Author Archives: Jon Edwards

ETC Blog Gets a Facelift

IT's Academic screenshot

Welcome to the new ETC blog! Most of the writing and all of the keywording (is that a word?) are mine. The photography is Lorene Lavora’s. But this latest incarnation of this blog owes its look and feel and remarkable functionality to Michael Muzzie, Senior Web Developer in OIT’s Academic Services. It is our collective hope that members of the University community will like what they see here and then contact Michael to start their own blogs!

For more than 15 years, Princeton University has sponsored a series of technology seminars. Part of the outreach efforts of its IT department, these Lunch ‘n Learn seminars invite customer friendly speakers with varied affiliations to explore a wide array of cutting edge technology topics. During the past five years, Lorene Lavora and I sought to transform the existing series into fully integrated outreach, with these blog posts, very high quality podcasts, RSS feeds, and through Facebook, all in all a demonstration of how a small outreach office with sophisticated collaboration tools can leverage its resources.

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Lunch & Learn: The New Blackboard 9: Finding Your Way

Blackboard graphic

Ten years ago, Princeton adopted Blackboard as its course management system. During the past decade, the system has moved from serving a handful of courses to every course. What was an occasional convenience has become an integral part of the educational process at Princeton.

In June, the University will be upgrading the system to Blackboard 9. New features promise to improve teaching, learning, and course management. The most striking change initially, though, for instructional staff and builders, will be the new interface for editing and managing the course sites.

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Lunch & Learn: Mobile Princeton is Coming: Get out Your Smartphones!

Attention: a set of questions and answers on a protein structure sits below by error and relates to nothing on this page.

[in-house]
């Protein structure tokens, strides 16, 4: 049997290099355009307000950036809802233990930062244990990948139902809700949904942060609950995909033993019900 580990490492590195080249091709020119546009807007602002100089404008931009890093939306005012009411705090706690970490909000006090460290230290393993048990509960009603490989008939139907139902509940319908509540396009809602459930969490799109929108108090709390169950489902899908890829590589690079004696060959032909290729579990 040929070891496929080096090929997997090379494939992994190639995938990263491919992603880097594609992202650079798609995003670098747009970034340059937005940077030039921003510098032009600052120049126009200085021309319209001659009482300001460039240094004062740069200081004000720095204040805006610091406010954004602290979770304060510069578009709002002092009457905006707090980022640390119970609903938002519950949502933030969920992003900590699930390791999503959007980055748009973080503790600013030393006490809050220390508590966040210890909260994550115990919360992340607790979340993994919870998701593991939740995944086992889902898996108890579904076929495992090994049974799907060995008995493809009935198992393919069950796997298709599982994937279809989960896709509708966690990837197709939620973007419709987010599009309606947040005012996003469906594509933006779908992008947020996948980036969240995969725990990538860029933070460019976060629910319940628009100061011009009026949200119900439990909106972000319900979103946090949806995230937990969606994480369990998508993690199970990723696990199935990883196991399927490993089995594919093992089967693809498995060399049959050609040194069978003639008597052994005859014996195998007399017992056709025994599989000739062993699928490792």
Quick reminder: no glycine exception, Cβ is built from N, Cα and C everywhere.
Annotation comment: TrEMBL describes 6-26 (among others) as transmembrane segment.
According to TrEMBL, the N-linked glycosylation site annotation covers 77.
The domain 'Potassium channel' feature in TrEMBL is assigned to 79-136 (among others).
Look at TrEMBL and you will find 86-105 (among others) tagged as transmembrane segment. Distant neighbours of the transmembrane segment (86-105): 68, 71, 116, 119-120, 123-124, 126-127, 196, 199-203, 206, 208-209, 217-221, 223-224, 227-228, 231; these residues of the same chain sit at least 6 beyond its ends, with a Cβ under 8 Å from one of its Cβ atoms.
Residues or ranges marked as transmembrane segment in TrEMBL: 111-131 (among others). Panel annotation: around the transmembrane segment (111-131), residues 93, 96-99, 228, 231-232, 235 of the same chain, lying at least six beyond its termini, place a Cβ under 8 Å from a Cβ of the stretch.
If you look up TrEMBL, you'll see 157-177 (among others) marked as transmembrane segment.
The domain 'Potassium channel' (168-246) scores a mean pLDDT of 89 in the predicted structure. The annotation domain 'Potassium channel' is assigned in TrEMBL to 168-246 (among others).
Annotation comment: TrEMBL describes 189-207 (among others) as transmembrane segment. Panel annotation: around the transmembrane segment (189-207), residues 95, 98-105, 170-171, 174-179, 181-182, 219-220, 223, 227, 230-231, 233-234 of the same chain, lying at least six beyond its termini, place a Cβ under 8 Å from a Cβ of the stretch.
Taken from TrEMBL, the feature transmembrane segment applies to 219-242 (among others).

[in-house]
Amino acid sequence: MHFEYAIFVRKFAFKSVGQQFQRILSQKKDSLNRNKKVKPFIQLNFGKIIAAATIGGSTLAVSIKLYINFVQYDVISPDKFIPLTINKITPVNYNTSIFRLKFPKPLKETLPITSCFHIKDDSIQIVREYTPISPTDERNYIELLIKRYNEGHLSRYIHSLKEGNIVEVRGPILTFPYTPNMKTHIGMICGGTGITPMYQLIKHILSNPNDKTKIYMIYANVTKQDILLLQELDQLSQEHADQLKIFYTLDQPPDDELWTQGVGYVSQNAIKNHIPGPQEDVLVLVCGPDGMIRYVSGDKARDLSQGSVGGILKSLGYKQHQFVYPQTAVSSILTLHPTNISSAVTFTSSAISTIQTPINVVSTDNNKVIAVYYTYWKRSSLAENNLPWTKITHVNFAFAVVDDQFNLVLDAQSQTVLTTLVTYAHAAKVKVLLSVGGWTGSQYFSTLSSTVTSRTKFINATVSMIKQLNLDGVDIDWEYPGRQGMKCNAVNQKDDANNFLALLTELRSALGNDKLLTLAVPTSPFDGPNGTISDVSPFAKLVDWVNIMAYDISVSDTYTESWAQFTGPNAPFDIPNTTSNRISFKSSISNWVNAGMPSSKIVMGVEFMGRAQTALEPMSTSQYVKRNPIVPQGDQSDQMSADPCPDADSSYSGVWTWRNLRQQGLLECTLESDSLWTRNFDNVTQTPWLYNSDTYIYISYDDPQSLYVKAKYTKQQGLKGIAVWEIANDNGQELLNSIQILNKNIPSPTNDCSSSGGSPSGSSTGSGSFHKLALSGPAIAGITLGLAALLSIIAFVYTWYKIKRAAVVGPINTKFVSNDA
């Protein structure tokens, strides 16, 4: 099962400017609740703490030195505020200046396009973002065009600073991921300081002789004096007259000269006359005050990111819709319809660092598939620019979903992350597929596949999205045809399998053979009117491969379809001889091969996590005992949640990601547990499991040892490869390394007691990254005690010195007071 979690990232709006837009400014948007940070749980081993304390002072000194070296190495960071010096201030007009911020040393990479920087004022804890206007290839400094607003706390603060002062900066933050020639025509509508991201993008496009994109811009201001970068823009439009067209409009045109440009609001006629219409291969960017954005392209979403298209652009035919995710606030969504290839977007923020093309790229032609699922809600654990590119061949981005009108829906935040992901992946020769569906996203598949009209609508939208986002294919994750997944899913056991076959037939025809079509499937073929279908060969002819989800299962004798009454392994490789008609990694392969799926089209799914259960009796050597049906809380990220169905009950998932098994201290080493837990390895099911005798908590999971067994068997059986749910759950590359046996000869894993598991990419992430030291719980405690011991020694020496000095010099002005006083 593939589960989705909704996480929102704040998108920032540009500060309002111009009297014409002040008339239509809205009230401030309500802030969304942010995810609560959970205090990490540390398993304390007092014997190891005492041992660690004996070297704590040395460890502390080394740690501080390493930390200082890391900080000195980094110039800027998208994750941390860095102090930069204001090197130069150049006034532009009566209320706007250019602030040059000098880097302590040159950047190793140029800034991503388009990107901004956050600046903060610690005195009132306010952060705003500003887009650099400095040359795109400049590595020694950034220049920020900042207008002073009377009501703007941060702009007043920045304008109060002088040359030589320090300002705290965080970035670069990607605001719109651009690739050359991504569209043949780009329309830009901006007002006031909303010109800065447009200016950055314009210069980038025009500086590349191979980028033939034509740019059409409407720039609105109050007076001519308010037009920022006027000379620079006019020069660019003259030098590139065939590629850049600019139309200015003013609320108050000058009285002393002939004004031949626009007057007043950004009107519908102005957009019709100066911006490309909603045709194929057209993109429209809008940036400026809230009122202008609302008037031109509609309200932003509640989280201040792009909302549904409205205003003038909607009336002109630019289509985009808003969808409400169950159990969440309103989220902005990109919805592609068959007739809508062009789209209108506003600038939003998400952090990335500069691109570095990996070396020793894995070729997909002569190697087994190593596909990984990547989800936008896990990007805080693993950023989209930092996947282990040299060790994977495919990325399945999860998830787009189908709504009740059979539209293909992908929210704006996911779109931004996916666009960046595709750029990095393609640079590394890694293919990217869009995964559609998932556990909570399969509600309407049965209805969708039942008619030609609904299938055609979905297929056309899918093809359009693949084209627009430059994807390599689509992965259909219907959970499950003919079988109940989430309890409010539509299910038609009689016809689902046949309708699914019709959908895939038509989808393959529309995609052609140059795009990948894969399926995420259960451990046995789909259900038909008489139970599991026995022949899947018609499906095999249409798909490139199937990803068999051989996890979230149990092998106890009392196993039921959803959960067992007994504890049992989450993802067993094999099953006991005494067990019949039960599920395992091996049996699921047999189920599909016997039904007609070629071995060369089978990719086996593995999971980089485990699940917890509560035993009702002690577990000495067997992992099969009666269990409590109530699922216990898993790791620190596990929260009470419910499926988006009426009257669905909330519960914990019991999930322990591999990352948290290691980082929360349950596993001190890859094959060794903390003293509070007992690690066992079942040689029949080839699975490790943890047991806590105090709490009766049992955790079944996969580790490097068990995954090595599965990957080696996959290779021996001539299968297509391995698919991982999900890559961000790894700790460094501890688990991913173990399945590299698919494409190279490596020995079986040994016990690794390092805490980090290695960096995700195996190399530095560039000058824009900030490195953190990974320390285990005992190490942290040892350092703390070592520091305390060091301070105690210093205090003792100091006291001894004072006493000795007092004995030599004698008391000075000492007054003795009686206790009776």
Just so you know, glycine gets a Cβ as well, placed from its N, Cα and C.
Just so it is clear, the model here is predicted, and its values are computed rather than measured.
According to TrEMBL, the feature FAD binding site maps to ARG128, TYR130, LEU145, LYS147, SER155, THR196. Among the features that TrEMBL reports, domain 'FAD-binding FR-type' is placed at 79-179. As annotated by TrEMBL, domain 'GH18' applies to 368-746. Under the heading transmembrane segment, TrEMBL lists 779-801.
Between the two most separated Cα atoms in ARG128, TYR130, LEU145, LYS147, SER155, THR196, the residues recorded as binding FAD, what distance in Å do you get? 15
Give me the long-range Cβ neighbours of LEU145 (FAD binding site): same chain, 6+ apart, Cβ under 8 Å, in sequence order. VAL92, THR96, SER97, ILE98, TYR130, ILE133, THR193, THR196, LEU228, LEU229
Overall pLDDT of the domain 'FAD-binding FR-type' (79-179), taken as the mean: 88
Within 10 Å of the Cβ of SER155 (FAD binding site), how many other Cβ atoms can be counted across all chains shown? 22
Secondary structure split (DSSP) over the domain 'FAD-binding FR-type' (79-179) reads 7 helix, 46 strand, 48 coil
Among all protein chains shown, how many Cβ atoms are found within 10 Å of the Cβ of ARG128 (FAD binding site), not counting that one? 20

Mobile Princeton

For reunions last year, OIT created a special web site tailored for the small mobile devices that are now proliferating in the marketplace, cell phones with web browsers, iPhones, Blackberries, and the like. The experiment proved to be quite successful. To accelerate the development of such services, OIT signed an agreement in December that will give the University access to Blackboard Mobile, an environment that will permit users to access public information about the University in a format especially suited to such mobile platforms.

The result will soon be a Princeton-specific application, m.Princeton, for leading brands of smart phones.

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Lunch & Learn: Wireless: Revolution and Evolution with H. Vincent Poor

Mobile communications graphic

Anyone, anytime, anyplace.

By virtue of its mobility, portability, and ease of connectivity, wireless connectivity provides users with unprecedented freedom, suggests H. Vincent Poor, Michael Henry Strater University Professor of Electrical Engineering and Dean of the School of Engineering and Applied Science.

Wireless communications is among our most advanced, and rapidly advancing, technologies, he notes. New wireless applications and services emerge on an almost daily basis, and the number of users of these services is growing at an exponential rate. More than half of the world’s population uses cell phones, and this is only one of a dazzling array of wireless technologies that have emerged in recent times.

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Lunch & Learn: “e-Readers in the Classroom?” with Janet Temos, Stan Katz, Dan Kurtzer, and Trevor Dawes

Student with a Kindle

In the Fall term of 2009, Princeton conducted a pilot sponsored by the High Meadows Foundation, the University Library, and the Office of Information Technology, to assess the use of e-readers in the classroom. The reader used was the Amazon Kindle DX, a lightweight, portable e-reader with the capacity to hold approximately 3500 books, in three University courses.

The project aimed to explore the use of the e-readers in classes for which e-reserves were the primary readings. The printing of e-reserve readings at Princeton accounts for a large portion of printing in public clusters (total of 10 million sheets of paper last year). The e-reader pilot sought to target e-reserve readings and present them on an e-reader to see if printing could be reduced.

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